3.1. Patterns of Political Consumerism in France

French consumers, who wish to change their consumption patterns, in order to be more environmentally friendly, or to show their concern for social justice, have access to a wide range of goods, services, and recommendations. These include advice proposed by public authorities, such as the National Agency for the Environment (ADEME), regarding the use of water, household appliances, energy for the home, transportation in urban areas, or product label identification. This advice is available for consumers in brochures, or on websites, designed by the government, or may be disseminated through the media (e.g., commercials or radio).
Other propositions come from NGOs or companies, which offer labelled products, such as “green” products, organic food, and fair trade products. In France, several green labels exist for products; some have been introduced by the public authorities, while others are private initiatives. “NF-environnement” is the French official label for environmentally friendly products. Nineteen types of products may be sold using this label, which is the property of the French Agency for Standardization (AFNOR). This agency is also in charge of the certification for the label. The European eco-label created in 1992 is also used, but less often than in Belgium or Germany. A label for organic foods, the AB Label (Agriculture Biologique), was created in 1985 by the French Ministry of Agriculture, to identify products that comply with the French requirements on organic food production. In France, only 1.8% of the surface area farmed produced organic food in 1995, with a 5% increase since 2004 (Fédération Nationale d’Agriculture Biologique). Finally, other labels from abroad may also be used to sell products. The Forest Stewardship Council (FSC) label is controlled by three types of actors (NGOs working on environmental issues, NGOs working on social justice issues, and companies exploiting or distributing wood) and may be used to sell sustainable wood products in home improvement stores. The Marine Stewardship Council (MSC) label is proposed by the NGO, WWF, and Unilever to certify products that comply with requirements concerning sustainability. In France, about 12 frozen fish products use this private label. The private Max Havelaar trademark is given by the Fairtrade Labelling Organizations (FLO) to products that comply with fair trade requirements. These are the main labels used in France, most of which are available both in supermarkets and in specialized shops (organic food shops and world shops).
Figures produced by the French Agency for the Environment (ADEME) show that total sales in France of eco-labelled products grew from 50 million euros in 1998 to 800 million euros in 2005. But the market share of eco-labelled products may vary widely from one market segment to another. For example, eco-labelled products account for 25% of the market share for garbage bags, but no more than a 1 to 3% market share in most other segments. No figure is available for the market share of organic food products, but sales have been evaluated by the French Agency for organic food at 1.6 billion euros in 2005, with a growth rate of almost 10% per annum. Finally, the fair trade figures supplied by the Max Havelaar Company also show a considerable increase, but remain low: 120 million euros in 2005.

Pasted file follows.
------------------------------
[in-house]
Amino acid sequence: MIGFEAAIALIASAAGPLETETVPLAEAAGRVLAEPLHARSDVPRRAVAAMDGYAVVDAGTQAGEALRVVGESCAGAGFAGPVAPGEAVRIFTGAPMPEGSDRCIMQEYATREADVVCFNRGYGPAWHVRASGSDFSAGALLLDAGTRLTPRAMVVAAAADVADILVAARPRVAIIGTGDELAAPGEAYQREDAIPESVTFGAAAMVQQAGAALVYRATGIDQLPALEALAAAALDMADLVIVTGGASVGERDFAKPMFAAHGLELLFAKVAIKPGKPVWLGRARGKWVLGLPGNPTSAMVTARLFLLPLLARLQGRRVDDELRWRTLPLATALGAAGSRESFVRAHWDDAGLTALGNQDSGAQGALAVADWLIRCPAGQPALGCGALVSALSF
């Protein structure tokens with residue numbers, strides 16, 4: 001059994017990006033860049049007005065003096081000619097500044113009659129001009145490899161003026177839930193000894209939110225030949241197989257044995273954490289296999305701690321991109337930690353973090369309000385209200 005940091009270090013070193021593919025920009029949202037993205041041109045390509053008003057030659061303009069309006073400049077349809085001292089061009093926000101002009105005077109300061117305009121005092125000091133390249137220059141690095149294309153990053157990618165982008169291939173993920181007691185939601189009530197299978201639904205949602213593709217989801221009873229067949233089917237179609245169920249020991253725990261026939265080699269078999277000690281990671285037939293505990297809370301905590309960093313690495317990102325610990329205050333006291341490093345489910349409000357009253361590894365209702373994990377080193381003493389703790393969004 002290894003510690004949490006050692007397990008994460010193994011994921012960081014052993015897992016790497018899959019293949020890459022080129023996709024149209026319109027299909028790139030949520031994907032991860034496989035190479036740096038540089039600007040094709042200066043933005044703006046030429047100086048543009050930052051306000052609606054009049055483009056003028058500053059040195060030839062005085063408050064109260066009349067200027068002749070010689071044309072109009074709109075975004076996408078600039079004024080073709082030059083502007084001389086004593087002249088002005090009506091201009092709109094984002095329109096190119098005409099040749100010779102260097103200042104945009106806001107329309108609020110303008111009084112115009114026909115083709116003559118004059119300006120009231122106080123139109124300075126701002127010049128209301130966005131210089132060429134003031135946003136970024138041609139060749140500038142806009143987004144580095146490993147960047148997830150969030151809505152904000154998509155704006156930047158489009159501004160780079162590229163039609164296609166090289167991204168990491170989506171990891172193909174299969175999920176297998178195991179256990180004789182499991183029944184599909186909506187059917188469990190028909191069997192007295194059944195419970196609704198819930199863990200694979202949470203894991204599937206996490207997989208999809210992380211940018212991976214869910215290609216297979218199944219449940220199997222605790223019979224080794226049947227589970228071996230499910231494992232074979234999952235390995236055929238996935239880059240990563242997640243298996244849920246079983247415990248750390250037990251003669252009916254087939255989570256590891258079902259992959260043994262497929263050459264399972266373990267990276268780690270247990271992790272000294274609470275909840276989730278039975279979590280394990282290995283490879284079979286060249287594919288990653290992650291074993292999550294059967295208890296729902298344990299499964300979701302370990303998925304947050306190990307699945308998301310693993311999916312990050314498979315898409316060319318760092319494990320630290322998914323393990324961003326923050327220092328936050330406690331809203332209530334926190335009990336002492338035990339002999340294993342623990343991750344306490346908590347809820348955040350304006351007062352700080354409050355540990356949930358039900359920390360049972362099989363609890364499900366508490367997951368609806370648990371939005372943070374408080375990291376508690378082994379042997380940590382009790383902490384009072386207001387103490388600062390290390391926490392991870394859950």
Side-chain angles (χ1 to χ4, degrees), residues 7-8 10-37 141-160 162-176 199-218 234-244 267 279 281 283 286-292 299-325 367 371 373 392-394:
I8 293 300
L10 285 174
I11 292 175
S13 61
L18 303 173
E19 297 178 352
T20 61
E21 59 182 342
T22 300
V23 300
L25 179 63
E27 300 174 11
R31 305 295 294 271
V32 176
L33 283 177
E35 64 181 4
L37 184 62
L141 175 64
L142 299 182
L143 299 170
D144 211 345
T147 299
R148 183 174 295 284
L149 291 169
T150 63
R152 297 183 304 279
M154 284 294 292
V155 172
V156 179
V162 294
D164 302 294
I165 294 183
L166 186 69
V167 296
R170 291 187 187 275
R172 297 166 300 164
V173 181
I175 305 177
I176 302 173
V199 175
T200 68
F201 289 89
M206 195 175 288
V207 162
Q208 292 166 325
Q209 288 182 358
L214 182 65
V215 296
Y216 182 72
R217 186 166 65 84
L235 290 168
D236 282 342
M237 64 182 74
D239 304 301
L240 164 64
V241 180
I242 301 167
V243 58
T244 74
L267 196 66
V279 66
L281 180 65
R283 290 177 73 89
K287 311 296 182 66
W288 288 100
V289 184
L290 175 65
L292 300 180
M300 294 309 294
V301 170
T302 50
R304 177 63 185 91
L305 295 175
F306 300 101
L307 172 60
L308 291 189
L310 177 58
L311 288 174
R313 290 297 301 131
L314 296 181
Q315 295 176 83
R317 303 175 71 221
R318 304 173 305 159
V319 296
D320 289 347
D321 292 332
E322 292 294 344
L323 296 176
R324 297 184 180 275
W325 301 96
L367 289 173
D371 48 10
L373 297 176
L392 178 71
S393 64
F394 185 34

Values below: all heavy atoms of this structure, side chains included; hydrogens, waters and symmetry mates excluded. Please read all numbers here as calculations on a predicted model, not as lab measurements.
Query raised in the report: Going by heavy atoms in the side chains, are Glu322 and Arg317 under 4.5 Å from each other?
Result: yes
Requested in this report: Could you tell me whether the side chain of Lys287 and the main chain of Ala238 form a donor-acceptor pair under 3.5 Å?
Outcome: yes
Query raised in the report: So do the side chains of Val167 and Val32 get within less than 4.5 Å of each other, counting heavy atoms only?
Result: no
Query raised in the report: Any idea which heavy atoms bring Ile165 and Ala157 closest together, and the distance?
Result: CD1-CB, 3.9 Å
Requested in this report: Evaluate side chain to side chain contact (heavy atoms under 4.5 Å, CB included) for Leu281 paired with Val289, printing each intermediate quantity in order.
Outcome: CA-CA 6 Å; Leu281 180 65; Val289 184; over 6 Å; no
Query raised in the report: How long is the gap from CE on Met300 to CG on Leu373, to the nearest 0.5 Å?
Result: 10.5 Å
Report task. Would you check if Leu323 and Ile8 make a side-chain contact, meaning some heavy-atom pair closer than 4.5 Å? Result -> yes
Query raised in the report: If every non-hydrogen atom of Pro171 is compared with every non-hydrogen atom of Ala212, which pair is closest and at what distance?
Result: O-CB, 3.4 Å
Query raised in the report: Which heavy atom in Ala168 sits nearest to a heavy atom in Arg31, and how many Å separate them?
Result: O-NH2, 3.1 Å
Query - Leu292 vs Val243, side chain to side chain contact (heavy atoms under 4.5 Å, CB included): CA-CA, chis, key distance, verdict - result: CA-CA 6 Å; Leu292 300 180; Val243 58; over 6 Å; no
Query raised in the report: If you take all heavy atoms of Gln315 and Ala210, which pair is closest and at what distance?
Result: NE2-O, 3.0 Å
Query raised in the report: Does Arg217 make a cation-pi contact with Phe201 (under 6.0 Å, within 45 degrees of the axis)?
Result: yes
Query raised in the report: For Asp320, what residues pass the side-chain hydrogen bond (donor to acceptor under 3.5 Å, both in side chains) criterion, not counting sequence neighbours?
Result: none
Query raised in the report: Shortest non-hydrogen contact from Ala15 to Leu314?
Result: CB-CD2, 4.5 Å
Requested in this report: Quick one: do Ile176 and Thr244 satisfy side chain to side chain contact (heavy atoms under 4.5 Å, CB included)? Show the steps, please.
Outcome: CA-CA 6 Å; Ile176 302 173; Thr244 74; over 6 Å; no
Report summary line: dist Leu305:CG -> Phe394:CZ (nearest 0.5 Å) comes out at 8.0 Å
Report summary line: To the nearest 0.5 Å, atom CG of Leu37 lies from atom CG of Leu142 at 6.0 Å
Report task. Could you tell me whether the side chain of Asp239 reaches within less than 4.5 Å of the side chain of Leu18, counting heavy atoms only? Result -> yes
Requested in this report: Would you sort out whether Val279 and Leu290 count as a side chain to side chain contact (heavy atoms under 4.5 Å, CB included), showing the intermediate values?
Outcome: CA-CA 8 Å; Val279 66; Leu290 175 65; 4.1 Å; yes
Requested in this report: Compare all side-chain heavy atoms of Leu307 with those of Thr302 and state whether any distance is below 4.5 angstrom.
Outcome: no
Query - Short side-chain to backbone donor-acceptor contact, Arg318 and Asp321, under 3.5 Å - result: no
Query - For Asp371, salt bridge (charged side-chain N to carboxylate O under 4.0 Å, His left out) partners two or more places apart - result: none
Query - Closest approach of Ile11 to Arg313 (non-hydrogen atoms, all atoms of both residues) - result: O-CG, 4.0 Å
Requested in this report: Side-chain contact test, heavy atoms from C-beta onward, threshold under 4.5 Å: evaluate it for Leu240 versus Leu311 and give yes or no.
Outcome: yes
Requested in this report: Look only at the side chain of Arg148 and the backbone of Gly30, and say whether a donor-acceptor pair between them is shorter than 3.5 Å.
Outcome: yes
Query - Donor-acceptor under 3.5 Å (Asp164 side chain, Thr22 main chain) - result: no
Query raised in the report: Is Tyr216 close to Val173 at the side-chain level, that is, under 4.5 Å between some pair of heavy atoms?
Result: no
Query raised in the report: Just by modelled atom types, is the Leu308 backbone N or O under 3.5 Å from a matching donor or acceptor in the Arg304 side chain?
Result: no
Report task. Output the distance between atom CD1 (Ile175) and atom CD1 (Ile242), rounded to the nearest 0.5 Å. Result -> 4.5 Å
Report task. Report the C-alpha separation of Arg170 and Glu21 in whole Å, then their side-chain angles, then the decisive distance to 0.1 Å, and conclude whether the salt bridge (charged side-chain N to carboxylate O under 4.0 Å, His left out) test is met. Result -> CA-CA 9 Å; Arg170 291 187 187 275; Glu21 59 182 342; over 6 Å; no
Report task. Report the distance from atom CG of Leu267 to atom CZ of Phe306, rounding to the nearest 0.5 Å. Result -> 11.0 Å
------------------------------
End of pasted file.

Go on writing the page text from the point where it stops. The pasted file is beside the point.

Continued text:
These mixed results show that a substantial increase, in the consumption of what remains a very small share of the market, has to be related to French consumers’ sensitivity to political consumerism. A recent survey by the French Center for Research on Living Conditions (CREDOC) [28] on political consumerism shows a gap between what French consumers say about their political involvement through consumption and what they actually do when they shop. In 2006, 44% of French consumers said they cared about companies’ ethical involvement while choosing their products, which is 6 points more than in the 2002 survey, and 61% said they would agree to pay 5% more for a product produced by such a company, which is 9 points more than five years earlier. They also said they would be able to boycott products from companies with unethical practices. When asked about their purchases over the past six months, 21% said they had purchased a product for ethical reasons and 30% said they may have done so, but were not absolutely sure. This political choice was more important for high-income consumers (72%) than for low-income consumers (45%). Such a survey has some limits. Most importantly, it is based on statements rather than acts, and therefore cannot describe real consumption patterns regarding political consumerism in France. But it does, nevertheless, show that ethical framing of consumption may be used as common knowledge between consumers, and perhaps as a social norm: consumers claim, (and the more they earn, the more they do so), that they may shop for the environment or for social justice. The high score of answers shows that they have integrated the fact that it is socially and politically correct to show such political involvement in their purchase choices.